Times like this are hard on a church congregation. Here we are, between ministers, aware that many of our friends on the Island no longer see coming to church as important; knowing that on the mainland there are thousands more families in malls every Sunday than there are in all of our churches combined.
Nothing much makes us think of the good that churches have done, or of the powerful help, faith and strength that has come to individuals, families and communities all around the world through the efforts of congregations just like ours.
And that, for all of us, is a real pity. The story is a good deal more positive than most of us realize. And, for us as we look at what we want St Paul’s Amherst Island to accomplish over the next few years, it’s actually quite encouraging.
We could talk for ages about what our church has meant to Amherst Island families. We could spend a long time on what St Paul’s is still doing for those of us who depend on it now.
But today, if only because I know it best, let’s think of the love and purpose which has gone from St. Paul’s to the wider world well beyond Amherst Island and Kingston.
And to what St Paul’s is still doing to spread Christian love and assurance in a global community so desperate for both - but still so lacking in either.
We don’t think about it much, but this congregation has been a firm stalwart of the Presbyterian Church in Canada ever since its founding over 165 years ago.
For all of its history, this church family has been part of what Canadians have done not only in the local cmmunty, but abroad to put into action Christ’s command to love our neighbours as ourselves, to bring home the reality of Christian love.
Those of us who are fortunate enough to have come from churches like St Pauls have been taught that we are indeed our brothers’ –and sisters’ keepers. As a direct result, we do believe we have an obligation to those less well off than we are.
Whatever the current drift in Canada, we know that Christ taught that we are to demonstrate practical love, worked out in all the hurly burly of the troubles of the wider world.
If you think I am overstating this - that I am gilding the lily of what St Paul’s has really accomplished-- I can offer some quite convincing proof.
If you were to have been with Alena and me in Ghana, or South Africa, or Zimbabwe, we could have shown you truly remarkable examples of what the Christian concern of congregations like ours can accomplish. Let me tell you about three of them:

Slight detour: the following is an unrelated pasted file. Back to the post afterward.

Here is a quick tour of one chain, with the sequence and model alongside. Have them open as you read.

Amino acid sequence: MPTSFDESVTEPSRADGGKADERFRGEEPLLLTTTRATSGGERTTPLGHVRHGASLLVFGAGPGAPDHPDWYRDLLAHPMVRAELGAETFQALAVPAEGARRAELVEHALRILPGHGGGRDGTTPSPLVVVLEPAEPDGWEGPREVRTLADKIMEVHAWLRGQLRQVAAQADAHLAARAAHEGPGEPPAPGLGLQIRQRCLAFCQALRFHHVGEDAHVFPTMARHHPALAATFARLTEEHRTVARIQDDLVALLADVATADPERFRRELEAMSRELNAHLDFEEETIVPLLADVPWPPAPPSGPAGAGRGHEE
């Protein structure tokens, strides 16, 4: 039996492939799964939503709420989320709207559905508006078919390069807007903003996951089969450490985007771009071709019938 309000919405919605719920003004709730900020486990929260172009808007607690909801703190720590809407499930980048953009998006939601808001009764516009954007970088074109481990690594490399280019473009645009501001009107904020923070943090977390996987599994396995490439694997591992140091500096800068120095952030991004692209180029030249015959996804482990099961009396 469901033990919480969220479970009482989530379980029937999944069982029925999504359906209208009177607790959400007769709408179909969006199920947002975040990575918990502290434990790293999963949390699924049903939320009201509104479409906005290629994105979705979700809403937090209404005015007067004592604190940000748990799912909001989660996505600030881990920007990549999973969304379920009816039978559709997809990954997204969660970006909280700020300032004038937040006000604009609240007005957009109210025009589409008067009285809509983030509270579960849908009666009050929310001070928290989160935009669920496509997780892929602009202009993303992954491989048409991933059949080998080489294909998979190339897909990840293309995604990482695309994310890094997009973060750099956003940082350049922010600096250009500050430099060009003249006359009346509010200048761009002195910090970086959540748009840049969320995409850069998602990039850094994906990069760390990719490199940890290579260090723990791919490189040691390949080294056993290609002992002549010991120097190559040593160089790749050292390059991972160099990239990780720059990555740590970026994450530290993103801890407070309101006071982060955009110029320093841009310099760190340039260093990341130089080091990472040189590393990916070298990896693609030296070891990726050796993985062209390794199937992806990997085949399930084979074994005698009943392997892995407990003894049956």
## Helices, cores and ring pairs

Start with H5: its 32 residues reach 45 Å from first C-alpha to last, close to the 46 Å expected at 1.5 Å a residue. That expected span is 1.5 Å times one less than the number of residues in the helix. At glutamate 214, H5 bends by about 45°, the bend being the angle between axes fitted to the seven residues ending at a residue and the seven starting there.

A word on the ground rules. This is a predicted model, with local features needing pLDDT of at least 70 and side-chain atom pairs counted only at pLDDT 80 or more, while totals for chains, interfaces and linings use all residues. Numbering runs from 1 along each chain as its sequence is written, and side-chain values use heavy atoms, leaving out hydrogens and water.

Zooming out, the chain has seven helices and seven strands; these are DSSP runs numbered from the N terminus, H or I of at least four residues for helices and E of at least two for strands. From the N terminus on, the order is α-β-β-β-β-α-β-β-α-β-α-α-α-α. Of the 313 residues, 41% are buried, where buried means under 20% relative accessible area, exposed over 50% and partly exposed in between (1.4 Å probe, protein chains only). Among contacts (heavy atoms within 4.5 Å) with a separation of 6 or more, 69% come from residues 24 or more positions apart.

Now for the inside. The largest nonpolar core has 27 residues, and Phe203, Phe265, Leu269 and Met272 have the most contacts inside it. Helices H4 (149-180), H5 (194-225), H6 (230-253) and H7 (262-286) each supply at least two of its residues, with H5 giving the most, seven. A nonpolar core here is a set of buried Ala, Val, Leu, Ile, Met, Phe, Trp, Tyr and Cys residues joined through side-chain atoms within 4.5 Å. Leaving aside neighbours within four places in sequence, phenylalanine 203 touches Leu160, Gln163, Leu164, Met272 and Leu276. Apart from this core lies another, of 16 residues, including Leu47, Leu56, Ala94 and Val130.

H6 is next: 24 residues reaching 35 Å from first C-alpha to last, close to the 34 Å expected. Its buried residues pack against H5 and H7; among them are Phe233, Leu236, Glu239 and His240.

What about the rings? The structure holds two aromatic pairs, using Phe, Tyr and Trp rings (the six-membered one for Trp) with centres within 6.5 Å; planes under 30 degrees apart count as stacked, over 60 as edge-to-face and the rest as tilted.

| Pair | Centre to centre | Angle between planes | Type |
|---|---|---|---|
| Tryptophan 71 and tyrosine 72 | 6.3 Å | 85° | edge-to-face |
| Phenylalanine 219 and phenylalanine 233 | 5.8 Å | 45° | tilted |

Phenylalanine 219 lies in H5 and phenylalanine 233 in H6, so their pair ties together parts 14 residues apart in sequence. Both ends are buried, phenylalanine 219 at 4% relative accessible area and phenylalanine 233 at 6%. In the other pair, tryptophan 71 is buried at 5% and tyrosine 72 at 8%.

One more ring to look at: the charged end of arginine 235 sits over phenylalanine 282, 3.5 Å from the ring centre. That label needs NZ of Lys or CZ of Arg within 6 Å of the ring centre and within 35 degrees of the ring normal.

Mensahs in Ghana;
Here’s one particular example from Ghana. It concerns the Ghanaian- Canadian family of David and Brenda Mensah. Brenda is from Uxbridge; David was doing a PhD at Toronto, and they met when Brenda’s father gave David a summer job on their Uxbridge farm - and thus gave David the funds to complete his education.
It proved a good investment. Over the years since he and Brenda met at though a church like ours in Uxbridge, the Mensahs have helped hundreds of women start and run one of the most amazing and productive community development projects I have ever come across in our many years in Africa.
With the support of Canadian churches, through Presbyterian World Service and Development, and the Sharing Way, David Mensah and his wife Brenda have inspired these rural women to raise their own levels of education, health and income from amongst the lowest in Ghana to amongst the highest. Now they market their fish, tomatoes, vegetables and shea nuts internationally. (Those of you who buy Body Shop products will be using their produce!).
Women and their families who only a couple of decades ago were fortunate to see $365 in a year now make upwards of $19,000 through marketing their produce – an unheard of annual income in other rural areas of West Africa.
This is Christian commitment and love at its best – an example of what Canadian churches like St Paul’s can accomplish when they work to support people like the Mensahs and their communities in Ghana.
My second example of what people in congregations just like St Paul’s have accomplished takes place in South Africa, in the depths of apartheid – the late eighties, early nineties before Nelson Mandela came out of jail and South Africa changed.
In those years, not very long ago, South Africa was a land of racial solitudes. It was illegal or just not done to live or come together in even the simplest of social interaction - like eating a meal together. Black and coloured South Africans were not only poor; not only poorly educated, but they were consigned to townships. Breadwinners went to far-away mines or to cities as domestics. They lived far apart from their families.
Outside of working hours, whites and blacks seldom met, but some amongst both groups saw that they were indeed brothers and sisters – that things should not and could not continue as they were. Against all odds, they were prepared to work peacefully and prayerfully to change it.